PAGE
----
When I search for Pizza in New York in Google Local, I’m told that there are about 79,400 results. The top result I see is Lombardi’s Pizza, which is “0.8 mi NE” of the green arrow on the map that points to New York.
Exactly what is that green arrow pointing to, and why does Lombardi’s Pizza show up number one?
To rephrase that question, how does a site to become the “authority” for a region, for a business type, rather than an authority for a specific location and business name?
In Authority Documents for Google’s Local Search, I wrote about a patent application that described how a specific site would show up first when searching for a specific business name and location. The author of that patent filing, Daniel Egnor, was the named inventor on a number of others on local search that came out the same week. This post is about one of those other ones, which is the only one I can recall from Google that talks about identifying specific regions, and tying them to queries about business types:
Indexing documents according to geographical relevance
US Patent Application 20060149774
A local search engine may generate results for a local search query that are limited to desired geographic regions. The geographic region may be defined, for example, by a certain distance (e.g., 20 miles) from a specified point or region. The search results are efficiently generated by indexing geographically relevant documents based on the contents of the documents and also based on multiple location identifiers. In one implementation, the location identifiers define regularly spaced geographic areas and the documents are indexed such that the multiple location identifiers indexed for each document are selected to define a predetermined range around the region with which the document is associated. This document indexing technique allows for efficient searching by geographical region.
The patent application states that one way they could identify regions would be to use something called the Hierarchical Triangular Mesh, which partitions a sphere (or a roughly spherical object like the Earth) into “spherical triangles.”
Some other regional grid systems (such as the United Kingdom’s National Grid) are also mentioned.
Generic Queries and Regions
The section of the patent application that discusses searching for generic queries (such as “coffee shop”) within a region is titled “Operation of Search Engine.” It describes a number of different alternatives to handle such searches. After performing a number of searches in a number of different regions, I’m of the opinion that something like what is described in this patent application is being used, and more than one of the following alternatives may be in effect.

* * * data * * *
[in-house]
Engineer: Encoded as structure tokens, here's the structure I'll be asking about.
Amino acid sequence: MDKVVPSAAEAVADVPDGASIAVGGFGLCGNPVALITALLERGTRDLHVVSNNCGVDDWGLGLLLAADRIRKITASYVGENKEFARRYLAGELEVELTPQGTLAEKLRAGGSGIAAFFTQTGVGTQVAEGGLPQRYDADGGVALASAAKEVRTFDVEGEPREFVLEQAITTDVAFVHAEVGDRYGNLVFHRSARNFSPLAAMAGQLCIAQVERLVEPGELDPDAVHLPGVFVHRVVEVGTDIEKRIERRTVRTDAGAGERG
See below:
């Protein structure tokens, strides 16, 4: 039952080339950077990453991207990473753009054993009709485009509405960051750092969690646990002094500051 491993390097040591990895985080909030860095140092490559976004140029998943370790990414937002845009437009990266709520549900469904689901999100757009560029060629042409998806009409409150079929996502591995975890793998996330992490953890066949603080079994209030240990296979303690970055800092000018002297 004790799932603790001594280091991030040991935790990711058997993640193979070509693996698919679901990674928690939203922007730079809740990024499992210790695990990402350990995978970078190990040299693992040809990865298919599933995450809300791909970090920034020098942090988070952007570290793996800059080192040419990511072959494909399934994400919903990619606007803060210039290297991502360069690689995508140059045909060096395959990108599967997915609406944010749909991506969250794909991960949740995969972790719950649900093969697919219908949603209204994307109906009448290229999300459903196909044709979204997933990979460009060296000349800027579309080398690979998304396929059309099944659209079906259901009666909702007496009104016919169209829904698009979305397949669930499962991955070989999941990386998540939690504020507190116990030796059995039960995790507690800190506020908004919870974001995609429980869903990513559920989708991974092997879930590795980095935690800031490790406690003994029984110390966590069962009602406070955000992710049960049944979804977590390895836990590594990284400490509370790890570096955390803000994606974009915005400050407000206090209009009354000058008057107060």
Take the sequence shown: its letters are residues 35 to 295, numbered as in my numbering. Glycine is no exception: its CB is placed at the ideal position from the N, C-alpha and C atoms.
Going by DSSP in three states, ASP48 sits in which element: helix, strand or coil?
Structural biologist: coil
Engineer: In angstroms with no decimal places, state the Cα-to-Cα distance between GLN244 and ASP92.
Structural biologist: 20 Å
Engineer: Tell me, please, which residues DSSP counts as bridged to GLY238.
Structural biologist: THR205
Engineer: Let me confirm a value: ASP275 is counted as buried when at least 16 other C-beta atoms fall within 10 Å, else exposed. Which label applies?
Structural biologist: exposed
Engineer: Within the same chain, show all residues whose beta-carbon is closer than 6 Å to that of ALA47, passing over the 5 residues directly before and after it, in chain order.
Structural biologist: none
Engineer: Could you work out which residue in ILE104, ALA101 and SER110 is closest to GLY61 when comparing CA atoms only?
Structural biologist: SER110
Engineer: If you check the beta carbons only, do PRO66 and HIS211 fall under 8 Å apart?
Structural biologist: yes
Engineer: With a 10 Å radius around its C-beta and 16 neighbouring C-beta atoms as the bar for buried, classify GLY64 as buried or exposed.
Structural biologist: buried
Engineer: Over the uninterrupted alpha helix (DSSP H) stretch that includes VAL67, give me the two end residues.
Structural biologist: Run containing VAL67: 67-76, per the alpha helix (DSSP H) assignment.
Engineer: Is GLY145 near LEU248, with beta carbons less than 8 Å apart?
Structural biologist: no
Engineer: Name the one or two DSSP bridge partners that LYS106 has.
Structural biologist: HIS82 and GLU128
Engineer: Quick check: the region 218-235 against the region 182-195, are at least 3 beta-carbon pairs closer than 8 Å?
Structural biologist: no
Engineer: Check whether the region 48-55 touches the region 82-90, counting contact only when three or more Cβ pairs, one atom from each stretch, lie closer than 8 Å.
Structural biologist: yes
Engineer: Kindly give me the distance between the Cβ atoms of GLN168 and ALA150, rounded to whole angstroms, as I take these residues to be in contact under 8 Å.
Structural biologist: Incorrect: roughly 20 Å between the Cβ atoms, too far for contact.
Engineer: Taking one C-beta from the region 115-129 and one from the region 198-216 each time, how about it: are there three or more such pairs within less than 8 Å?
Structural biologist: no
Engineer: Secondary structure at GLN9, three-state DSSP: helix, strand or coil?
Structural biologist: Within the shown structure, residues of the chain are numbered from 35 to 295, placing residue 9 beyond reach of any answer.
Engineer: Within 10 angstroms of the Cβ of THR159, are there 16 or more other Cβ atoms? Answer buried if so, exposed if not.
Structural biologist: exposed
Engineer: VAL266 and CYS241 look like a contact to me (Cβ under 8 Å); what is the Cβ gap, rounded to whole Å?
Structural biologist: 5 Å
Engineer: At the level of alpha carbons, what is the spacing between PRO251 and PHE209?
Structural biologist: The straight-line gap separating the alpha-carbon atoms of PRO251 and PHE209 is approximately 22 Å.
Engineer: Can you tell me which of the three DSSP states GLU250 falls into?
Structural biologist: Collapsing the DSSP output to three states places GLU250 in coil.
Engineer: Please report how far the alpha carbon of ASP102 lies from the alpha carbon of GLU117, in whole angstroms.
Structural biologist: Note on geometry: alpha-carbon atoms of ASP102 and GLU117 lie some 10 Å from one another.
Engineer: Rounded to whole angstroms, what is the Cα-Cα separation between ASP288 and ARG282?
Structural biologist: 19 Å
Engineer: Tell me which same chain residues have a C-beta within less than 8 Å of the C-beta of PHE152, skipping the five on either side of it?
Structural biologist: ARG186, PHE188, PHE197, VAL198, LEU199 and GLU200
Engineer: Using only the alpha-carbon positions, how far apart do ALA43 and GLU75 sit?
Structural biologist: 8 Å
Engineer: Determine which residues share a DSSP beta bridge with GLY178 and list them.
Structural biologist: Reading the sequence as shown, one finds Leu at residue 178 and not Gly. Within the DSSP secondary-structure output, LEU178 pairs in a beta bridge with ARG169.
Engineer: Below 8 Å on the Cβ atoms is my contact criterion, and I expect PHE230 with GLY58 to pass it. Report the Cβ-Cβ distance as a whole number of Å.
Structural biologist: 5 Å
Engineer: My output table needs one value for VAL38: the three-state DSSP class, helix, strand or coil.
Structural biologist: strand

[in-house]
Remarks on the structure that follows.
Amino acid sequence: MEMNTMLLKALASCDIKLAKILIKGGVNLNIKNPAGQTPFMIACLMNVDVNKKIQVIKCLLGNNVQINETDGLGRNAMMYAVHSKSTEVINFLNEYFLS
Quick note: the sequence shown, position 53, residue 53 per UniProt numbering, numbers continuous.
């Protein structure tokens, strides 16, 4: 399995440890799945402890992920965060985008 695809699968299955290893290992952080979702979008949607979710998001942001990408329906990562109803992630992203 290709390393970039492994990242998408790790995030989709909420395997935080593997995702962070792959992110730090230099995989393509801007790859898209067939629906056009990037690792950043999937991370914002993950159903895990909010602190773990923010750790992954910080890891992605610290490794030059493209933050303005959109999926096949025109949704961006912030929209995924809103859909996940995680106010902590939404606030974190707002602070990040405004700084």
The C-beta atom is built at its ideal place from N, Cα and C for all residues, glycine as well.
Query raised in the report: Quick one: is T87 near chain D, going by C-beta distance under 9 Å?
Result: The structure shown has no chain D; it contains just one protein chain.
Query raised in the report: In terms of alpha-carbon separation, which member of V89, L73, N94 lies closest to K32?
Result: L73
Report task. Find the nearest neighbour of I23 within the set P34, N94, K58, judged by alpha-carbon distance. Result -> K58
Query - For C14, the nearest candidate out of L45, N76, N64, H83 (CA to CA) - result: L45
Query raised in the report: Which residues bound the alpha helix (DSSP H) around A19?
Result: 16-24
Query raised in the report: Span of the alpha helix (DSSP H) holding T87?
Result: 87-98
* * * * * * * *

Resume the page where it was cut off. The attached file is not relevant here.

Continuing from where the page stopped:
One alternative version of the process starts with a smaller radius around a center point within a region, finds relevant results for the query and serves those, then looks at results from a larger radius and finds and serves relevant results , and so on.
Another alternative looks at all of the results within the region, and bases results on relevance for the query term without regard to the distance to the center of that region.
As an alternate possible variation of the techniques shown in FIG. 9, instead of pre-indexing documents with a number of location identifiers, each document may be indexed with only the location identifier associated with the document. Search queries may then be formulated as performed in act 903, where the range is the whole search region. That is, the query may include a logical OR concatenation of all the location identifiers within the search range. This variation reduces index size and may allow for more flexibility in selecting the region size and shape at query time but increases query complexity.
The Importance of Relevance
There are a few different methods listed in that section. All of them rely to some degree on relevance of the document to the term. All of them rely upon the relevant pages having business information tied to a location. Synonyms may be used in determining the relevance of a query to a page. The main difference seems to be how results are returned based upon location.
- Within a five mile (or other distance) radius of the centerpoint of a region, with relevant pages ranked higher.
- Within expanding radii from the centerpoint of a region, with closer businesses being ranked higher, and relevant pages within each of those radii ranked higher.
- Within a region itself, regardless of a radius, with relevant pages ranked higher.
That’s a rough reading of the patent application, but I think that it shows some alternatives that may work well.
I would think that relevance for the query would be determined in the same manner that it might be for web search results – looking at such things as the use of the terms in different parts of pages, anchor text pointing to the pages, pagerank, etc.
Local search has grown in importance since Google started serving local results above organic results in regular web searches (see the Google search for Pizza New York). So having an understanding about how local search may work could be helpful even if you are only really interested in organic results for searches.
We’ve been discussing the Google Local Business Center at Cre8asite Forums, and descriptions that can be added to local results through that system. It’s difficult to tell what influence those may have. You may have also noticed reviews of businesses in searches. Again, it’s not clear what role those may play in local search results, though a large number of reviews that point to a businesses site may help that business become the “authority” site for a local search result.
What are you seeing with local search results that you find interesting?